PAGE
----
I believe that this distinction is critical today. Companies are being sold, merged, and going out of business every day. These are casualties of the current market and an inability to adjust quickly. In some of these companies the senior team made wrong calls. But if the company could not execute good calls quickly, the quality of the calls really doesn’t matter. Nothing gets done.

That is why I believe that while insightful decisions are needed, the ability to deliver the changes these decisions require is as important as the quality of the decisions themselves. Which brings us to BPMS supported BPM.

Delivering an ability to change quickly is the real role of BPMS and the creation of a BPMS supported BPM environment. That is what moving to BPM and the use of a BPMS is really all about. But this objective has been lost in the rush to cut costs and with notable exceptions, BPMS supported BPM has been used mostly for small strategic projects. This is not a declaration that cost reduction or quality improvement are not needed or not worth pursuing. It is rather a declaration that business transformation must consider improving a company’s ability to compete as a primary goal.

Strategy and BPM

Business Strategy and its translation by Business Architecture into business change requirements, drives broad business evolution. It provides the requirement and the justification. Strategy without an ability to implement it accurately, inexpensively, and with low risk quickly creates a competitive disadvantage. Part of the risk is that when strategy changes faster than the ability of the organization to keep up, the resulting gap causes misalignment of activity and process to the delivery of the needed capabilities. Most importantly it costs opportunity and it impairs the ability of the company to compete.

Yes, it also raises cost, increases error, and generally has people doing a lot of unneeded work. So, it gives a double hit. It hurts the future and the present strength of the company.

However, the best strategy in the world will not help eliminate these costs and weaknesses if you cannot implement it. And while a vision may look years into the future, parts of any strategy will be out-of- date in a few months as the dynamic global business community keeps looking for new ways to gain an advantage. So, even if you could implement the best strategy, you would gain nothing if you could not continually modify it to keep up with the market changes and management’s vision.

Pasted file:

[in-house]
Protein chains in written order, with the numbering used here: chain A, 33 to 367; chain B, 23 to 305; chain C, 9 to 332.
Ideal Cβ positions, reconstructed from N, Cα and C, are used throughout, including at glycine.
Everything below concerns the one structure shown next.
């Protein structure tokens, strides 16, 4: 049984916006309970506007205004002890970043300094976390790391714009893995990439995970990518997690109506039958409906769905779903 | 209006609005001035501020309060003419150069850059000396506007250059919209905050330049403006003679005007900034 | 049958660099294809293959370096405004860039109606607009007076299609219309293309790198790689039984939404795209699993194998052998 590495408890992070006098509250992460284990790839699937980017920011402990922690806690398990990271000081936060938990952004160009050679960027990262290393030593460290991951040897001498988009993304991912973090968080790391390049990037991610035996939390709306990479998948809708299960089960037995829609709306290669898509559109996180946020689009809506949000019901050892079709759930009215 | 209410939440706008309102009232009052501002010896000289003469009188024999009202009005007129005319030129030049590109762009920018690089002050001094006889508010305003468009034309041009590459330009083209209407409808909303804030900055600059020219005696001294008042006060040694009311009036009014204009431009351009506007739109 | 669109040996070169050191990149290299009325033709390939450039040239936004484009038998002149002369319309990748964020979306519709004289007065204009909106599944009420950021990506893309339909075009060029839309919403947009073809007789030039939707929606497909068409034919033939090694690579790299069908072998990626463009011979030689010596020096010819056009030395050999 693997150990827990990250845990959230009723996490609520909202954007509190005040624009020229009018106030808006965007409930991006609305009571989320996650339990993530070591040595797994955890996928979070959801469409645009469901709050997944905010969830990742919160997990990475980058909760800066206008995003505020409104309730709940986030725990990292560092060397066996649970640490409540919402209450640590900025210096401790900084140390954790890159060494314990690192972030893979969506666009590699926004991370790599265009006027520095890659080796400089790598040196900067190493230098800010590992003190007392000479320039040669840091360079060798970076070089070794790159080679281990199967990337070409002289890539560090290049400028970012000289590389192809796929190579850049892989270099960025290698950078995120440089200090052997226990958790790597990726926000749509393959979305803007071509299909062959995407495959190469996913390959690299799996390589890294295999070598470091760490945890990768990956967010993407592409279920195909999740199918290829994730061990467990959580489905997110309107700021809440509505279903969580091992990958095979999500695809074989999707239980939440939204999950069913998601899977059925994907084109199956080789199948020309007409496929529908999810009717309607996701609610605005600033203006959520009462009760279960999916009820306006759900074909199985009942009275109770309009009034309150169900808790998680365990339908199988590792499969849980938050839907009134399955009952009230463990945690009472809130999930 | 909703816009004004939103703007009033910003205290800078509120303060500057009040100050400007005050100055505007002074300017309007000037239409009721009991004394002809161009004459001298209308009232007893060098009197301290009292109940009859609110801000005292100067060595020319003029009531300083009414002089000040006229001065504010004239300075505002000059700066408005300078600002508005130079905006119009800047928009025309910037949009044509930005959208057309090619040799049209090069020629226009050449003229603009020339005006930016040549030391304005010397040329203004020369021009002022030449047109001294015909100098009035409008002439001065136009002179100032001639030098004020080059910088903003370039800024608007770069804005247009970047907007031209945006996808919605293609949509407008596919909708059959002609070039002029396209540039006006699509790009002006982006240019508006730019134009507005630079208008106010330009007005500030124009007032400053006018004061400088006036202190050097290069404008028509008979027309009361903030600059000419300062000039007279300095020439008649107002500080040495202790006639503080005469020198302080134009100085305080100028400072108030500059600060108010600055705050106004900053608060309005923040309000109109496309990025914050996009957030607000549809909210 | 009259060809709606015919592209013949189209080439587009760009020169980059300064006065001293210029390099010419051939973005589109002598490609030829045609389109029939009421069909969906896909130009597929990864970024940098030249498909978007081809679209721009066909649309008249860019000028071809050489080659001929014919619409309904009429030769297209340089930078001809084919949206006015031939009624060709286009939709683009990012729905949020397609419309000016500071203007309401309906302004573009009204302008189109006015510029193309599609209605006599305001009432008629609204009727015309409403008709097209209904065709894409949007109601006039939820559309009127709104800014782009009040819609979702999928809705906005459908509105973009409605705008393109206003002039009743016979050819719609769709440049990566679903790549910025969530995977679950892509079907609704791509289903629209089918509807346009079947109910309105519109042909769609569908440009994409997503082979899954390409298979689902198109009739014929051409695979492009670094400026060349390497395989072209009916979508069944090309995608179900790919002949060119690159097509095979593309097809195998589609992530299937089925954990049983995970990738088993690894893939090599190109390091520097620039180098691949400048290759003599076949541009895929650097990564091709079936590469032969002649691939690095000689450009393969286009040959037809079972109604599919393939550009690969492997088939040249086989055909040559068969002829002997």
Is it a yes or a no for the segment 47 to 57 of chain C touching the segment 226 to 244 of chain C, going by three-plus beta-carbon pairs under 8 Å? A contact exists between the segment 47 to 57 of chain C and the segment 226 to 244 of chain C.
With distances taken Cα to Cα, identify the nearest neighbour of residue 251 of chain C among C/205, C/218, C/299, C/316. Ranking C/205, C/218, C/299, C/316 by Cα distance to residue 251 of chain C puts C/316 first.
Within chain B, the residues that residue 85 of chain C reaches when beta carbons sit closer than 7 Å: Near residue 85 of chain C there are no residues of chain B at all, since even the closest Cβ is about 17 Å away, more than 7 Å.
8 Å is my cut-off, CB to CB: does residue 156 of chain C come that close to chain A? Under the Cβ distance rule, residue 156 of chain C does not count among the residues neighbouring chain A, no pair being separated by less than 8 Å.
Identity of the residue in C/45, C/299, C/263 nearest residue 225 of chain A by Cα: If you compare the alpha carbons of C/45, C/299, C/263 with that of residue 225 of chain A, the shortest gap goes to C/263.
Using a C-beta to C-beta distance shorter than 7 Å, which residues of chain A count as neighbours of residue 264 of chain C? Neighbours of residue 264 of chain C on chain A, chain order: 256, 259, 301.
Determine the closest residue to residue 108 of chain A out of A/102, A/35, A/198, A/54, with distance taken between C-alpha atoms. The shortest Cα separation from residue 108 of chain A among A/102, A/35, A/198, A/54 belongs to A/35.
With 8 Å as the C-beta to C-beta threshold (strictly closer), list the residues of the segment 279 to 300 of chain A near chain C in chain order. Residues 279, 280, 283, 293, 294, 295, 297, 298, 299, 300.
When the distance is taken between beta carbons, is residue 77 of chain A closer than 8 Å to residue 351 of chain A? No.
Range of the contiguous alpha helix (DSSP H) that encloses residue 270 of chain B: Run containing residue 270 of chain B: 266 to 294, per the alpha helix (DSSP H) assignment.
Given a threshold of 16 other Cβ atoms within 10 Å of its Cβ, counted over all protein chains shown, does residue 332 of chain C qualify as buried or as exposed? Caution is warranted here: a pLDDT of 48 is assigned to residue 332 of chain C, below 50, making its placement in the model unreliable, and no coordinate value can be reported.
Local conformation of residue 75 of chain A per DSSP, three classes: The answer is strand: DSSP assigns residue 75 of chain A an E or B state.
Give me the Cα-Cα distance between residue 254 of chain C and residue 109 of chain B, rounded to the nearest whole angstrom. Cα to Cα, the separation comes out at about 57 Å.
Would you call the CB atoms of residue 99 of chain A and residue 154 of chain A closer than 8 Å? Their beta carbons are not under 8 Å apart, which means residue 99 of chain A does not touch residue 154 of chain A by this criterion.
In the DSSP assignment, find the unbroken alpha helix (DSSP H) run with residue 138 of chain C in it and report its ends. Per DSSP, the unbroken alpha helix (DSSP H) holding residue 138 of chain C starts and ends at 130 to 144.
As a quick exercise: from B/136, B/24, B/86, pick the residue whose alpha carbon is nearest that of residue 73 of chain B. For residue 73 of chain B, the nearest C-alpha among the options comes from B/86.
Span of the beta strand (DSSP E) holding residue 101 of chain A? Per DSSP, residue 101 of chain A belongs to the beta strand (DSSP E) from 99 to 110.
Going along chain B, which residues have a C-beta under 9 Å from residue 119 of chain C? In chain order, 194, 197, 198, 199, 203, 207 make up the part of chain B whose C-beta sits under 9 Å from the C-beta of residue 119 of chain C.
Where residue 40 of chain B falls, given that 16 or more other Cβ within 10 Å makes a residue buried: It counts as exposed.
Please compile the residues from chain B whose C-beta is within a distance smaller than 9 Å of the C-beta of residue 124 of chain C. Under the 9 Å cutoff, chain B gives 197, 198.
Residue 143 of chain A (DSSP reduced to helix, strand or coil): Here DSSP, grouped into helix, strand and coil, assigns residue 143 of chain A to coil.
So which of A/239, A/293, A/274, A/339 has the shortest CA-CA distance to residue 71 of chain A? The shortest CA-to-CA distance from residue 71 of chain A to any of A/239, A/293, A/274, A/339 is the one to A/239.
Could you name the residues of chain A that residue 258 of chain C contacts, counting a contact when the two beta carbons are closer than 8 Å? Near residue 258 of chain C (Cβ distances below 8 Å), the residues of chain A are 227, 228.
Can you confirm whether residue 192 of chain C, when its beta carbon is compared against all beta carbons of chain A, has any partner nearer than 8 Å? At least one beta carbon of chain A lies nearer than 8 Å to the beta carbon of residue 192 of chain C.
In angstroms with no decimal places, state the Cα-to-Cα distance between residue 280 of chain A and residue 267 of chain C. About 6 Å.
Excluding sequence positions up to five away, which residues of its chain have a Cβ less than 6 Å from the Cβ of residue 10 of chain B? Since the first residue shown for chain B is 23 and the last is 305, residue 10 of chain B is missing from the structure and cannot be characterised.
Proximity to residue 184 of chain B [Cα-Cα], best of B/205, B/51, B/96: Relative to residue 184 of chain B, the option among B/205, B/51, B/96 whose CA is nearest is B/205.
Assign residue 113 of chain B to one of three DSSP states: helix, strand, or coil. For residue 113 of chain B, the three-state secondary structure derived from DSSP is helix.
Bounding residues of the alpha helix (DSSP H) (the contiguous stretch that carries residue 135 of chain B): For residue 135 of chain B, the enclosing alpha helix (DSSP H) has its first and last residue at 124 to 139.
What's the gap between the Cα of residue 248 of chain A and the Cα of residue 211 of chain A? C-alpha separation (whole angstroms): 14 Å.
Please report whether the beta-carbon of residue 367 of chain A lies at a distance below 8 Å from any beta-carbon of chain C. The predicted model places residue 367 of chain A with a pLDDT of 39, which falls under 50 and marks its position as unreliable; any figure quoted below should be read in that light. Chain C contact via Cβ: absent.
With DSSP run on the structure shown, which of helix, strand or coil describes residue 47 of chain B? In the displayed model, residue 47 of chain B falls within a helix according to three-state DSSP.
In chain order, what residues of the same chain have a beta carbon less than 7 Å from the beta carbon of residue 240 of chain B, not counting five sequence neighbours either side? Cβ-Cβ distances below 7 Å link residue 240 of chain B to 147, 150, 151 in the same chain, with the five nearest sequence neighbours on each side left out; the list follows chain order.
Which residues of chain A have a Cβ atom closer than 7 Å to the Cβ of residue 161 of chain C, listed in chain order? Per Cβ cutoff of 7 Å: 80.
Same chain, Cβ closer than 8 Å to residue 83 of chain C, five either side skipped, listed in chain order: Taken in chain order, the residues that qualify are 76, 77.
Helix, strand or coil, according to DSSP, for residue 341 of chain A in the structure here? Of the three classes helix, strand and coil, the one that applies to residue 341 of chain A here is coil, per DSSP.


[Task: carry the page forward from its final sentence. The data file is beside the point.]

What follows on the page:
If the market moves on, will you left behind?

But have your operational improvement efforts helped to deliver this capability? Answer this yourself for your company. For most, the answer is no. The reason is the focus on efficiency. While cost reduction helps the bottom line and is absolutely necessary, it does little to improve operational alignment to strategy or the ability to change based on strategy.

Realistically, if you could implement strategy quickly at all levels in the company (with IT support) and you could change the operation quickly to adjust to the market, would it give you an advantage? For some the answer may well be that it wouldn’t matter. However, I think only a few could honestly answer that way.

What this all adds up to is the simple fact that if a company loses its ability to compete, it will be in real trouble. If a company’s inability to successfully compete lasts long enough, the company will be a candidate for acquisition or if it lasts even longer, it will go out of business. This inability to implement strategic change has been a real problem for senior management in the past for many companies.